Reframing Code-Switching


The universal narrative around code-switching frames assimilation as a necessary skill and almost a mandate in American society. However, this perspective negligently and inadvertently labels those who struggle with assimilation as "failures". It is so important for us to reframe code-switching within our own communities, most importantly, as a complex and nuances aspect of the immigrant experience rather than a failure.


From the lens of a therapist, acknowledging the struggle of code-switching and validating the feelings associated with this process is crucial. It empowers our clients to remind themselves of their resilience and adaptability, rather than internalizing the narratives of larger society as them failing.


Moreover, code-switching should be recognized as a skill that demonstrates one's ability to navigate multiple cultural landscapes and highlights one's capacity to bridge polarizingly different words. Embracing this new narrative allows immigrants to reclaim their story and view their bicultural, and bilingual abilities as a strength rather than a liability.

The Importance of Holding Onto Our Cultural Roots


Faced with the pressures of assimilation, it is important to practice and maintain cultural anchoring.

Cultural practices, languages, and traditions are a source of solace and identification for South Asian immigrants. They are not relics of the past, but rather, living elements of an identity that provides a strong sense of home.

Within the context of my own clinical practice, I invite clients to use their cultural legacy as a source of strength. I encourage them to participate in cultural rituals such as festivals and ceremonies like Diwali and Eid; to speak their regional languages at home or with their peers; to support community organizations with fellow immigrants; and to connect with other minority peers to combat the alienation experienced in wider society. Engaging in these behaviors and feeling closer to their cultural legacy allows clients to build a stronger sense of self and personal pride.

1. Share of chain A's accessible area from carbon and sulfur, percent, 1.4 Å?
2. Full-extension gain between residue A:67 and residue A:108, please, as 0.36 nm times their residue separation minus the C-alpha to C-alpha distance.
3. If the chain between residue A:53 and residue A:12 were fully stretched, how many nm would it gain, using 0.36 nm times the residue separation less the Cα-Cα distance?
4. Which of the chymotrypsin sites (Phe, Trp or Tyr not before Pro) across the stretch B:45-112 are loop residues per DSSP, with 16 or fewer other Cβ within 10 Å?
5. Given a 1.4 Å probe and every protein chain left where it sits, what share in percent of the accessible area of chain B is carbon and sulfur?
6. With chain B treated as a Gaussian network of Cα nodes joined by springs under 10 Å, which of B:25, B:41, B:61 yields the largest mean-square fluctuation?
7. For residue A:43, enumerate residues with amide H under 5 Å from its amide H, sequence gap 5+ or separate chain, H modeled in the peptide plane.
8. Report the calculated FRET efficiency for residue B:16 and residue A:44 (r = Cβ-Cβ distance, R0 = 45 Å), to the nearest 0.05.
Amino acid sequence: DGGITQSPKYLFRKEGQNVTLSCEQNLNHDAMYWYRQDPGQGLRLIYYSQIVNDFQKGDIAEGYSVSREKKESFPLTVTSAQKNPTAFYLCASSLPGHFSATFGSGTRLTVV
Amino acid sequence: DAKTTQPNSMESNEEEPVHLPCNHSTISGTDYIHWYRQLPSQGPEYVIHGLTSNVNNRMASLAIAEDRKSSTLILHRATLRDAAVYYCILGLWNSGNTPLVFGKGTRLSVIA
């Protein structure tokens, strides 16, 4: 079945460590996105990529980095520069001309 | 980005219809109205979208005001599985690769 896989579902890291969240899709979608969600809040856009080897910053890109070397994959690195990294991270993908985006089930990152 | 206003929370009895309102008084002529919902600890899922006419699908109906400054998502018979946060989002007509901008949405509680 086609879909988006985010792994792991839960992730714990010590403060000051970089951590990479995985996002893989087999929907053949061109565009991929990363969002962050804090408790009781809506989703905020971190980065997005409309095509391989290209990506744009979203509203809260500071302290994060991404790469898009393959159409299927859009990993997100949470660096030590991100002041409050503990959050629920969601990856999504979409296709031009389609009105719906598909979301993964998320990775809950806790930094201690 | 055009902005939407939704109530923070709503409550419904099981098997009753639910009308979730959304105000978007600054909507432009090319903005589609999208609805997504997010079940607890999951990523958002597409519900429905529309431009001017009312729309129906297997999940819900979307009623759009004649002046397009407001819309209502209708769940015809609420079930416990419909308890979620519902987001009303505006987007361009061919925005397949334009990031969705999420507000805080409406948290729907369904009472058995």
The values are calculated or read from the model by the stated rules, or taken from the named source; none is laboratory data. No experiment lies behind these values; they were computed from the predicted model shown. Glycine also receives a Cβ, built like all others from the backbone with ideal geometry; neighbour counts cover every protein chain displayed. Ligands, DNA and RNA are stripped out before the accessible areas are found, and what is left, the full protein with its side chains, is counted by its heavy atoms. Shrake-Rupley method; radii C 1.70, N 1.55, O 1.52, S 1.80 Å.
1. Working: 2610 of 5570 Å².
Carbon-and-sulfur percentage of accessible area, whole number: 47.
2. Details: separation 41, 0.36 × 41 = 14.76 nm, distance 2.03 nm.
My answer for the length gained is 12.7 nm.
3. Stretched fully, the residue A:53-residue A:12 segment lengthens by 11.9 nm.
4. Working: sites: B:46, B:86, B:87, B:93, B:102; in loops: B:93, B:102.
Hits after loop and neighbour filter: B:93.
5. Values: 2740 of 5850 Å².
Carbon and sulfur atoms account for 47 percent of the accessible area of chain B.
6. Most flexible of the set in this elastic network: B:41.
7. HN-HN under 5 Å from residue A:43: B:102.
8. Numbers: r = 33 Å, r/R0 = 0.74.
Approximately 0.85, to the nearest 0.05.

Finding Balance


The path to walking that line between assimilation and cultural retention is individual and different for everyone, but as a therapist, I believe that learning to be more self-compassionate, building self-awareness, prioritizing our emotional needs, and taking the time to deeply understand ourselves will allow us to reconcile that dissonance.


I share with my clients the idea that the pressures to assimilate are brought on by forces external to ourselves - rooted in systemic bias. Understanding this can help reduce the burden of the internalized guilt or shame that they may carry.

Triumph in Diversity


At the end of the day, the success of immigrants in American society lies not in their ability to completely assimilate, but rather, in their capacity to thrive while holding onto their cultural roots.


The immigrant community in New York City contributes to the city's diversity by bringing with them unique narratives, languages, and cultural practices. Embracing both their heritage and new environment and culture empowers South Asian immigrants to confidently navigate their identities. Finding a harmonious balance between belonging to broader society and honoring their roots enriches not only the individual but also enhances the cultural tapestry of the community.


Code-switching, a complex aspect of the immigrant journey, plays a significant role in shaping identity and mental well-being. As a therapist for South Asian immigrants in New York City, I have observed its profound effects. By redefining code-switching, recognizing its challenges, and highlighting the value of cultural heritage, we can inspire immigrants to embrace their identities with strength and dignity. It is through this delicate equilibrium that we can truly excel in a diverse society, cherishing our differences as sources of strength and vitality.


Prerna Menon co-founder of Boundless Therapy New York | 10002

Author Bio Prerna Menon, LCSW

Prerna is the Co-founder of Boundless, a progressive mental health practice in NYC serving the South Asian and LGBTQ+ community. She is a queer immigrant of color that entered the mental health field in 2011 with a desire to be the representation she desired in the space as a child. With a deep passion for social justice and writing, she is often featured on the Boundless blog.